By Ed Brock
Standing under their umbrellas, Pat and Cindy May watched the trailer park where they live fill with water from Jester's Creek.
"This is worse than in '94 (when the remnants of Hurricane Opal passed over Georgia)," said Cindy May.
Hurricane Dennis came ashore in Florida with less force than expected on Sunday, but by Monday it was showing it still had enough strength left to wreak at least a little havoc in Clayton County and the rest of Georgia.
More than 8 inches of rain fell in parts of west Georgia, with about 6 inches in the metro Atlanta area. By 8 a.m. Monday 4.9 inches of rain had fallen in Clayton County.
The storms drove a fairly skinny path up the state, following a south-to-north path roughly mirroring Interstate 75. About 60 miles east of Atlanta, in Athens, less than an inch of rain fell.
They claimed one life when a poplar tree crashed through the Decatur home of 35-year-old Edward Timmons, killing him instantly.
Thousands of people lost power around the state, including a total of 15,000 in Clayton County at different times between midnight and noon Monday, said Georgia Power spokeswoman Carol Boatright.
There were trees down around the county, Clayton County Fire Chief Alex Cohilas said, including one that fell onto a house near Woolsey Road in the south end of the county. The severe weather began around 10 p.m. Sunday and by Monday emergency workers had to evacuate 14 people from the May's trailer park, Tara Manufactured Home Community on Museum Circle off Tara Boulevard near Jonesboro and 50 to 60 people from Edmondson Mobile Home Park outside Riverdale.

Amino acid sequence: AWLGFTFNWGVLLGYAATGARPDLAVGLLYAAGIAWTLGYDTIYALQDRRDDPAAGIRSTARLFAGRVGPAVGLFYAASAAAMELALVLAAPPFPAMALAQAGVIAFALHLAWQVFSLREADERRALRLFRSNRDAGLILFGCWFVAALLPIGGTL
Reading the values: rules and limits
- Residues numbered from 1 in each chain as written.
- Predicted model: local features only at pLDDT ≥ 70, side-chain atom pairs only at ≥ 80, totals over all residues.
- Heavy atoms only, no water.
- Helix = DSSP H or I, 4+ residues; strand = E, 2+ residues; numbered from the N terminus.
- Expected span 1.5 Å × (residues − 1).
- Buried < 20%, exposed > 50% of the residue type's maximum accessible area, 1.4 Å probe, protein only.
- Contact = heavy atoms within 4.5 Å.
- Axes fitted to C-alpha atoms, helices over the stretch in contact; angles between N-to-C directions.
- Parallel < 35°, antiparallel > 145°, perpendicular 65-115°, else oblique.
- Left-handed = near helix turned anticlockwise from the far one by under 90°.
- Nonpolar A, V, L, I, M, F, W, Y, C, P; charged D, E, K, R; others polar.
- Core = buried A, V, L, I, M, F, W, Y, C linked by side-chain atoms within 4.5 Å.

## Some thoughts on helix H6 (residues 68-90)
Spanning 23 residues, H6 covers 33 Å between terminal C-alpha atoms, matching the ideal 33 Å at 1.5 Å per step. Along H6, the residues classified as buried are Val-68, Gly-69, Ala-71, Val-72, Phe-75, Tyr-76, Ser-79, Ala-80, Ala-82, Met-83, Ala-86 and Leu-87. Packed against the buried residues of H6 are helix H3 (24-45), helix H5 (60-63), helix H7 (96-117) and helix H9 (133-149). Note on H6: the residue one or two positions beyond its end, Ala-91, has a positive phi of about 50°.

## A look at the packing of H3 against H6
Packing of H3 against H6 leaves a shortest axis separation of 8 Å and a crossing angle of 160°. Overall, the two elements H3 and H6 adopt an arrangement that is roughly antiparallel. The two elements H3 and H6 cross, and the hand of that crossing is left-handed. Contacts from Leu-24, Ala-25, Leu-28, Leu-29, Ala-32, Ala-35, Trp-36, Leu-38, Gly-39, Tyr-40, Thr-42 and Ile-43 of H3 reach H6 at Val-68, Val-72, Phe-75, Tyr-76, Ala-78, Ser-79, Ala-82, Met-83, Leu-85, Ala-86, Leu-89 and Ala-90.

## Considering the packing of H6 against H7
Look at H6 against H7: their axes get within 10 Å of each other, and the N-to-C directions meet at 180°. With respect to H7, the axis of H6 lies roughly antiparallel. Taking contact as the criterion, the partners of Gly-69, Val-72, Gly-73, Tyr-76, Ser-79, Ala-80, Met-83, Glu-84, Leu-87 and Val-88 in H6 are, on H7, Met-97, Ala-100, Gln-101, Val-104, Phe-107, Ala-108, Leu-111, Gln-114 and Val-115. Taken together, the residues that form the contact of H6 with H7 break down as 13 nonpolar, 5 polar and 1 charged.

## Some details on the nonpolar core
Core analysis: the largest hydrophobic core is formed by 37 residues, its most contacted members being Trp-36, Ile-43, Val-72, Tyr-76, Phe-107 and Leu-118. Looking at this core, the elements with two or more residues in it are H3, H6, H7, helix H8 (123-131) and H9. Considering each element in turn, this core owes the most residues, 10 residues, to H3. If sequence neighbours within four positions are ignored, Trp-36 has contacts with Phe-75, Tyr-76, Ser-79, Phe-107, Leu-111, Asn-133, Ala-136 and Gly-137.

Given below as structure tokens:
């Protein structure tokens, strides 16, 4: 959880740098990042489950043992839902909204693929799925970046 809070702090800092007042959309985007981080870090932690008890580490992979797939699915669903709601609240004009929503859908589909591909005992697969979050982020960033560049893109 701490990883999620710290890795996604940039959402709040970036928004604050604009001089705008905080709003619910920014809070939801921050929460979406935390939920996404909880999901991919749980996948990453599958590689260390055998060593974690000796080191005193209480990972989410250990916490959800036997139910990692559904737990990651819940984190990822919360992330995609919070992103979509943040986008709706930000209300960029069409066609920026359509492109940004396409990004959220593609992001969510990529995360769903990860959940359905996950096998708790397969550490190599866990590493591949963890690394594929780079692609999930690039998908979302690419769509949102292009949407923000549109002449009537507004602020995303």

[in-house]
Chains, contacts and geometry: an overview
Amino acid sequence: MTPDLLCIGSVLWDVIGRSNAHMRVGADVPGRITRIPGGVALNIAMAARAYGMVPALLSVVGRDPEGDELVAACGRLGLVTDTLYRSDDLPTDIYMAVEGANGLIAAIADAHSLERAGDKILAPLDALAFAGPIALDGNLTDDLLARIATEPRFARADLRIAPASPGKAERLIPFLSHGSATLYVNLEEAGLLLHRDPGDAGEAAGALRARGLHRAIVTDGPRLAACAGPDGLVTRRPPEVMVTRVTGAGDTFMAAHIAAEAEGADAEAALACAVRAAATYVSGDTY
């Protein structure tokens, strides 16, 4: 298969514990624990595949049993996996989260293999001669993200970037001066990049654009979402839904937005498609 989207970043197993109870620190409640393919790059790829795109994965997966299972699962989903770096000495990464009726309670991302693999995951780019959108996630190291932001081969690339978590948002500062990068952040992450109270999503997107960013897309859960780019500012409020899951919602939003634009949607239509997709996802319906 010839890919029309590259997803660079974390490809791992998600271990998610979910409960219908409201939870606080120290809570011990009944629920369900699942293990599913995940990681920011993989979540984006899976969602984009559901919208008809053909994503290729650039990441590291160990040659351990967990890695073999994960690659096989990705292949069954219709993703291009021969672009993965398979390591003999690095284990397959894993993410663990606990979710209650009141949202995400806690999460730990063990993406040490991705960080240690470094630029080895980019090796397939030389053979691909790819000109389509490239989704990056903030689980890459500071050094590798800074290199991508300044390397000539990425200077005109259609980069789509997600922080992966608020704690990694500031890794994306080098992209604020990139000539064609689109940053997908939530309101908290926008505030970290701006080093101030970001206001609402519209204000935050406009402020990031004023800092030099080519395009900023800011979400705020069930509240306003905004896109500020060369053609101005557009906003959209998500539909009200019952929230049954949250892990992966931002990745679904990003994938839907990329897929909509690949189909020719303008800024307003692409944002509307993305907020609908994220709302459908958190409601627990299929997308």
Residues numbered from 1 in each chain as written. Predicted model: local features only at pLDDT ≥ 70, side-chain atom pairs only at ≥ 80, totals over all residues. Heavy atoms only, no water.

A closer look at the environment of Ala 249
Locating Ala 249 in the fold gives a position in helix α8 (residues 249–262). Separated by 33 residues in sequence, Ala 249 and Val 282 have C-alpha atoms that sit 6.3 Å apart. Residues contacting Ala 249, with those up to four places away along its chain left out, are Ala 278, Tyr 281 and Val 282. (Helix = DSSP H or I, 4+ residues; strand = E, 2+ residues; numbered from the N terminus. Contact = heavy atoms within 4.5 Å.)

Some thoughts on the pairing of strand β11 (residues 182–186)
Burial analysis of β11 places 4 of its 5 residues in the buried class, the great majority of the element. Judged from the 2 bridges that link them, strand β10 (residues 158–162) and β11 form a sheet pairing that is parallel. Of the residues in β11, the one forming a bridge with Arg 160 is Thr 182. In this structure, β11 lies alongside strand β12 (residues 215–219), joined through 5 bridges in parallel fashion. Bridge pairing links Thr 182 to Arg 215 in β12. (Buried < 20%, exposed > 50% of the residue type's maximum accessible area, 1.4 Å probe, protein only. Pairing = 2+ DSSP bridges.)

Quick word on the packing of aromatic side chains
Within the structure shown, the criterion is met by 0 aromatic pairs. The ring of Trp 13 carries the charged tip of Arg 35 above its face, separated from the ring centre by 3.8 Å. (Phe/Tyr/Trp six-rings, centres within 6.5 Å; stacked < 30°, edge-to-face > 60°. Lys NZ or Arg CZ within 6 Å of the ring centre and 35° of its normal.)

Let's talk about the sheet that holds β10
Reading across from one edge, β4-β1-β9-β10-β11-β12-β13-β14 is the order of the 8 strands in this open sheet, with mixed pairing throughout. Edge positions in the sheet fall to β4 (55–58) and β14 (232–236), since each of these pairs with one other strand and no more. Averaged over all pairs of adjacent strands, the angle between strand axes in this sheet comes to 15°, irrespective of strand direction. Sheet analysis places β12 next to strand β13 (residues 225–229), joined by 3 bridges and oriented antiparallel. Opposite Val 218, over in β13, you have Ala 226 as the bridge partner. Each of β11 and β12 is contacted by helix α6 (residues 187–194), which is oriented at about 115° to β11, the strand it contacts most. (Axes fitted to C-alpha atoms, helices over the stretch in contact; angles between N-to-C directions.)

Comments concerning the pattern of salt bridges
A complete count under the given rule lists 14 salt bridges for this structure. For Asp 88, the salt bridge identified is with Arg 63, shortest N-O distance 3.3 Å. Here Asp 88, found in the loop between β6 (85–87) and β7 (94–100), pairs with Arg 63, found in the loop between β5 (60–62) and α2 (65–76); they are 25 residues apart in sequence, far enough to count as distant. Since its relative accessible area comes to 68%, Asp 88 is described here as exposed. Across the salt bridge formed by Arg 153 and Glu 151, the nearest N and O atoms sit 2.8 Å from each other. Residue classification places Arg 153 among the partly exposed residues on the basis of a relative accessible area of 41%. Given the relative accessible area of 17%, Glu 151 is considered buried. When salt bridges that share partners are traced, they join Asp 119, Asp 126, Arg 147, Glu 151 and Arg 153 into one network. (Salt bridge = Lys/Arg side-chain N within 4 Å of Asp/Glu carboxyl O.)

"Of course we had a couple of residents who refused to leave. They chose to ride it out," Cohilas said. "They were advised of the hazards."
Pat and Cindy May chose to stay.
"We're on a hill," Cindy May said.
Dick and Diane Stadler were a little closer to the creek and the rising water.
"It came within an inch of coming into the house," Dick Stadler said. "I didn't think (the line of storms) was ever going to stop. It was like 150 miles of rain."
In fact the swirling brown waters of Jester's Creek were flowing under the Stadler's trailer as nearby children rode bicycles through the flood.
"If it comes up closer we're out of here," Stadler said.
During Opal's downpours the water rose to a foot and a half inside the Stadlers' home.
At one point Monday morning a woman called Clayton County police to report that she saw somebody near the swollen Flint River at Flint River Road and Kendrick Road and then that person disappeared, perhaps into the river, Clayton County Police Maj. Tim Robinson. Officers began searching by boat and with lookouts on a bridge over the river downstream from where the person supposedly went in, but nobody was found, Robinson said. Investigators would look out for reports of missing persons, he added.
Dennis is only the first hurricane of what meteorologists are predicting to be a busy season. The National Oceanic and Atmospheric Administration has predicted 12 to 15 tropical storms for this season, including seven to nine hurricanes with three to five of those being major hurricanes.
It is above average activity that continues a trend that began in 1995, according to the National Weather Service office in Peachtree City. Surface temperatures on the Atlantic Ocean and increased activity in the inner tropical convergence zone are contributing to the busy season, NWS meteorologist Steve Nelson said.
The Associated Press contributed to this story.